mikep wrote:Hello Enthusiasts,
I'm in the market for a carbon tri-bike but I have reservations about the lay-up methods used by many of the popular and even highly regarded brands that I feel are worth sharing with other like-minded enthusiasts....
At the end of the day I suspect that many carbon bike frames built using this lay-up schedule are adequately stiff owing to other factors such excess material and oversize tubes, but they certainly donâ€™t meet my personal requirement for proper engineering and best construction practices. I will continue to look for a builder who knows his technology and/or wonâ€™t allow his commercial interest to compromise his engineering.
Being a materials engineer you are probably way more enthusiastic and critical about your gear than 99% of Tri-geeks who are THE MOST hyper critical riders I know.... Please note: that in no way should be construed as an insult.
To add to your comment above, the techniques used in 90% of carbon bike building only allow a 2-3 year shelf life for a CF frame before the $5000 investment starts cracking and "going dead". But by that time the builders count on you to upgrade to their next $5000+ offering.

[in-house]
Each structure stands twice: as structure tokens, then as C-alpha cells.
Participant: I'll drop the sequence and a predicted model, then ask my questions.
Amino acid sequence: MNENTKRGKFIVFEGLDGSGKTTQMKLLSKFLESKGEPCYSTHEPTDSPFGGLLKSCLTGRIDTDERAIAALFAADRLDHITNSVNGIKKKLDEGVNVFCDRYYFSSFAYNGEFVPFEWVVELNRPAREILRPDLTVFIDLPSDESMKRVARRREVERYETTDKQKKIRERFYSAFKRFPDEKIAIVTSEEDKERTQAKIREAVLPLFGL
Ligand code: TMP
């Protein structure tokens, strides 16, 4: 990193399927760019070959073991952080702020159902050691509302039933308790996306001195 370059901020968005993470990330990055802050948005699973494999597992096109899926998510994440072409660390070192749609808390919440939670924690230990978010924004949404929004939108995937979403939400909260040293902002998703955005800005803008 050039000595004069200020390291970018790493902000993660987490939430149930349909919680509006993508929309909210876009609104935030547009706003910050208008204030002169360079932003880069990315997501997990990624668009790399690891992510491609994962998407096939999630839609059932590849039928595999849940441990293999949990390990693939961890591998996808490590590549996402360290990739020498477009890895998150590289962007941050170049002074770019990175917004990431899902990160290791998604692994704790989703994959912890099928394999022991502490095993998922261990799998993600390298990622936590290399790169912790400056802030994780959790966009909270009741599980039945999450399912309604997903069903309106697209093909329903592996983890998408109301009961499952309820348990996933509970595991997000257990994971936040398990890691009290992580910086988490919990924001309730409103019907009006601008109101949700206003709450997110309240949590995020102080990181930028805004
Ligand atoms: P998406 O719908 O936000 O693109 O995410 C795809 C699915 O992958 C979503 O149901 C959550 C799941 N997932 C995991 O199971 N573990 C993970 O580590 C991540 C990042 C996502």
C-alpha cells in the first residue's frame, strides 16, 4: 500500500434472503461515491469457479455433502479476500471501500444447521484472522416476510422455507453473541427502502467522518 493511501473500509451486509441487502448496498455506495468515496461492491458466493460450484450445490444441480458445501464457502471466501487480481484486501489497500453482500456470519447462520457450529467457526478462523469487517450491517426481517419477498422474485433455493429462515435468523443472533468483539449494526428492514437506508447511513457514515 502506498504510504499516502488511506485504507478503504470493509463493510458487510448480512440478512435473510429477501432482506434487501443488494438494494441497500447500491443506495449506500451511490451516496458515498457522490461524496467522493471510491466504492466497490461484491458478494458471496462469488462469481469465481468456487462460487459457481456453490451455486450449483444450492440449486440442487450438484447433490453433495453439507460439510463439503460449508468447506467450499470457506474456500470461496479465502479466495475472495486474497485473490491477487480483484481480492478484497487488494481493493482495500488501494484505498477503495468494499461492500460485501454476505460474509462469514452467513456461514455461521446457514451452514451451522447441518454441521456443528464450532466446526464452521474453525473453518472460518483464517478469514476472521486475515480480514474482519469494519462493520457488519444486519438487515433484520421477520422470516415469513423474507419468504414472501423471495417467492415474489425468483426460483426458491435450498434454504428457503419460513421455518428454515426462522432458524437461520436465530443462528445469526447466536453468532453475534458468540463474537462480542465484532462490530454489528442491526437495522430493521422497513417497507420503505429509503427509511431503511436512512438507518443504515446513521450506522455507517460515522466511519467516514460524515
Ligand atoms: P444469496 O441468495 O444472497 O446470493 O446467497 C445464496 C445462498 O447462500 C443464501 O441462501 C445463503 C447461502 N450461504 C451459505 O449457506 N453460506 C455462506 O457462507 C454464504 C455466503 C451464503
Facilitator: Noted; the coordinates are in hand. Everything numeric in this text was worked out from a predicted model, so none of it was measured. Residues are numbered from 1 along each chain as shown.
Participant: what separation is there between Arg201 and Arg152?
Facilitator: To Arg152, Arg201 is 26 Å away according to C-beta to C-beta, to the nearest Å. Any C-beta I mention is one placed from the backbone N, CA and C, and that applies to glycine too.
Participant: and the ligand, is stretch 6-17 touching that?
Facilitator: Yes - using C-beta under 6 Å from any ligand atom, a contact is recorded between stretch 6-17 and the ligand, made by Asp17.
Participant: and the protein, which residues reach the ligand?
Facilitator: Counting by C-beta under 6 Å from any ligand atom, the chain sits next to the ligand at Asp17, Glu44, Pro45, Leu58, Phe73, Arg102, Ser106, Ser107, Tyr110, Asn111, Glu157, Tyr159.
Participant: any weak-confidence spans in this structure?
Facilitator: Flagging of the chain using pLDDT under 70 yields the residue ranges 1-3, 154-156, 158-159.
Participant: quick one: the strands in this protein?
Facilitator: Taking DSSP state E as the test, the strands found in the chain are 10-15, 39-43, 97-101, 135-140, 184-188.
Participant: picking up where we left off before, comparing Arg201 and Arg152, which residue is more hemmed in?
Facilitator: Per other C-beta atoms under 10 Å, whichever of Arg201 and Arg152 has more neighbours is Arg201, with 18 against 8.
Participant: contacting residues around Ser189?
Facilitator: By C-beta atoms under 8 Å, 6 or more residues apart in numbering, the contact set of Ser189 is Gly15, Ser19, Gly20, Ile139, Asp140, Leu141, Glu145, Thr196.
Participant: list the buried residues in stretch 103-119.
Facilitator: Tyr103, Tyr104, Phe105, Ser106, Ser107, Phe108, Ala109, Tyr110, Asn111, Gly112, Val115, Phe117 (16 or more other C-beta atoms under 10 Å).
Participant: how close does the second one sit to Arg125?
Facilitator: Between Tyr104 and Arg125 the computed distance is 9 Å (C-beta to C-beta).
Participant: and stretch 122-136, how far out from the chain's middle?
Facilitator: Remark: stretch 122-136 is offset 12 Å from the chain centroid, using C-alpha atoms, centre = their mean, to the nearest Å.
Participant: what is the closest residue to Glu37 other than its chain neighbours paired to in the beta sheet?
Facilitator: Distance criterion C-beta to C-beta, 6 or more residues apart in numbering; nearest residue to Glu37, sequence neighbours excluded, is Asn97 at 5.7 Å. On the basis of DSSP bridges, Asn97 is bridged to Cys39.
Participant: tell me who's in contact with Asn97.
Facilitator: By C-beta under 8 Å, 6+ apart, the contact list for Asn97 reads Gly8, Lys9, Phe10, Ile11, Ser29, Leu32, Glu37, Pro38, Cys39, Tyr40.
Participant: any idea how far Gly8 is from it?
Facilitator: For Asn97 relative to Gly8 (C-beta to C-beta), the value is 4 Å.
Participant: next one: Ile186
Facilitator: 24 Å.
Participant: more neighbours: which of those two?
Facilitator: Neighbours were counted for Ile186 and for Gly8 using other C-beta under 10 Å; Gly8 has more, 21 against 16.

Even though companies like Trek and Orbea will claim "Aerospace Grade" fibre, what they cannot claim is that the weave is aerospace grade as most of aerospace companies who use CF have specially designed purpose woven weaves for specific applications.
But back to bikes. You may want to look at Time Bicycles
. They buy carbon in spools and weave it in house (as well as Kevlar and Vectran), pull it over steel mandrills and use RTM to form it up.
They do use aluminium lugs for the BB on some of their frames. Aside from the expense i have heard nothing bad in regards to them.